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Complications Ensue:
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Monday, May 15, 2006

Q. You say I need to watch more TV and watch TV smarter. The honest truth is that I have next to no time to do this. Unless I set specific time aside to just watch, I don't get to. I'm starting to clear my schedule so I can do just that.
Good, because you can't write TV without watching TV. To save time, get a Personal Video Recorder or TiVo; skipping commercials will save you 25%. Also, watch shows on DVD where you can.

Once you've spotted a show you want to spec, you don't need to watch any other shows. You want that show to enter your bloodstream and your dreams. At least until you're done with your spec.
Q. What exactly should I be looking for? I've noticed exactly what you said, that there is not a single scene that goes by without either some kind of foreshadowing, or an argument between characters that moves the show forward or a resolution of an argument that ends up developing in to something else in the next scene. Also I've noticed what you mean by "entering a scene late and leaving it early." But what about the technical stuff like lighting and camera angles? Are those going to be important to me?
No, not the directorial stuff. But you should be looking at everything else. E.g.: How many story lines are there? How much do the story lines interweave? Who are the characters who get story lines? How many of them are there? Who are the characters who are in every show? Who are the recurring characters? Are the plots primarily driven by external events (a previously unseen character commits a crime) or the internal dynamics of the core cast (Ross asks Rachel on a date)? How much of the story is completed by the end of the ep? How much carries over into the next ep? I.e. how serial is the show? What's the hook (what gets us watching)? What is the attractive fantasy (what keeps us watching)? And so on.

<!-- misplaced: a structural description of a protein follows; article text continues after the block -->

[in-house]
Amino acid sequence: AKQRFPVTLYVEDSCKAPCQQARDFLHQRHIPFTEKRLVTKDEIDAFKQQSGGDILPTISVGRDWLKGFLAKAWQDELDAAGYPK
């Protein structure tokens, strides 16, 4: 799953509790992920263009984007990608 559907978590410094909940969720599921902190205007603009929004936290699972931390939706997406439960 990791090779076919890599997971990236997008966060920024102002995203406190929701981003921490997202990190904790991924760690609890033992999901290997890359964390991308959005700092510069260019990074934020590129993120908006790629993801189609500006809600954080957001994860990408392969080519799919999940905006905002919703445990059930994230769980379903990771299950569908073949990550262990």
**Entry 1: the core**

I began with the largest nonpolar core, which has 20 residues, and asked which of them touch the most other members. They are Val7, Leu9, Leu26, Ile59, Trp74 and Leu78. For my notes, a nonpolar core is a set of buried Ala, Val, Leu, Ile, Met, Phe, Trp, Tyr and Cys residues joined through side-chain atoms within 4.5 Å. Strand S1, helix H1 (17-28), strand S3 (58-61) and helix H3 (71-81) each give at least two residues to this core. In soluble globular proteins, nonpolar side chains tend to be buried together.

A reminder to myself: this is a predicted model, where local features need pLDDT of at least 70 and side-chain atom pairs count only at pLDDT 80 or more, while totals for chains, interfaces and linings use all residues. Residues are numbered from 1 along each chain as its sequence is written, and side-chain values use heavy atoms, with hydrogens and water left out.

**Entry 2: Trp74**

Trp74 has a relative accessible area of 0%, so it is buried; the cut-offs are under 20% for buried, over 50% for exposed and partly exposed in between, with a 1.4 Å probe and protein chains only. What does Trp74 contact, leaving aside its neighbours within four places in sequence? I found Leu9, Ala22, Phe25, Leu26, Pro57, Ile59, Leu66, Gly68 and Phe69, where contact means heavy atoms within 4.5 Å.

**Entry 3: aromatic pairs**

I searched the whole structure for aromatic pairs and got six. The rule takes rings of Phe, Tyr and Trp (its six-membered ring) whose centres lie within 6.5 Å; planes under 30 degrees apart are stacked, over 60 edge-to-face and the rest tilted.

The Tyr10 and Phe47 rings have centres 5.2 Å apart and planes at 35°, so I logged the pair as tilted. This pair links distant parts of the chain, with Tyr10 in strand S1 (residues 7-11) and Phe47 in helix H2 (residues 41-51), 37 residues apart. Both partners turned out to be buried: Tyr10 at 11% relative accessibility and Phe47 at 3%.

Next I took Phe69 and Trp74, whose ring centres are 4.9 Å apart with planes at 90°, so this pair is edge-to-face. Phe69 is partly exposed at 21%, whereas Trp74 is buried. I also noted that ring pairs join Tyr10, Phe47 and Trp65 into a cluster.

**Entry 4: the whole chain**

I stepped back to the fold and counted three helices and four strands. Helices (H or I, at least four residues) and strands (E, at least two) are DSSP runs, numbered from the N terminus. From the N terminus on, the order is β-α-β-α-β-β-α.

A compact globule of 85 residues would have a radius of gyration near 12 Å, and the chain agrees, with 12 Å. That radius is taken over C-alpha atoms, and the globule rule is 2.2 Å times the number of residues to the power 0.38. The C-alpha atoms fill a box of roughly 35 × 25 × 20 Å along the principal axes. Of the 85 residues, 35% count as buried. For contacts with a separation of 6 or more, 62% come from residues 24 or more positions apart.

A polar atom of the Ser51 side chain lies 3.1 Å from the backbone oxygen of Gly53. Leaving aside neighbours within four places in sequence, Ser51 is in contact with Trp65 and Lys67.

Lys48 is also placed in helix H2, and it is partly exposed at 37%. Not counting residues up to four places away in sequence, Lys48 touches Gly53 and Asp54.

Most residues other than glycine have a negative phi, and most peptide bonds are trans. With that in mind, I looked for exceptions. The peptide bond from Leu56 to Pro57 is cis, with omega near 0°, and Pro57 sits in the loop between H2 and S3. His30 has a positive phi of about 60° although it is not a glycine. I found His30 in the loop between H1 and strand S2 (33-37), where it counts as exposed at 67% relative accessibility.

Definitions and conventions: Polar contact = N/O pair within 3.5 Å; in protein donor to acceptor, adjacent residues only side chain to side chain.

Watch the same episode several times in a row.

Watch three episodes from the same show back to back to back.

At the end of each act (at the commercial break) write down what the act out was.

Read the script, if you can find it on the Net.

Try to come at the show from as many different angles as you can. You want to really grasp the show, not just let it entertain you.

Watching a show in order to spec it is work. If you don't do the work, you probably won't nail your spec. And if it's too much work... well, no one's holding a gun to your head and insisting you become a TV writer, are they?



As a follow-up question to this post, what do you do about the technical aspects of the narrative? For instance, I've always been intimidated by specing a medical show like Grey's or ER. Or a law/crime show. Do you research the hell out of something, or do you fake it the best you can? All of those shows have actual consultants, so will people cut you slack if your relationships and story are tight but your technical methods are suspect?

By Blogger Unknown, at 2:23 PM  

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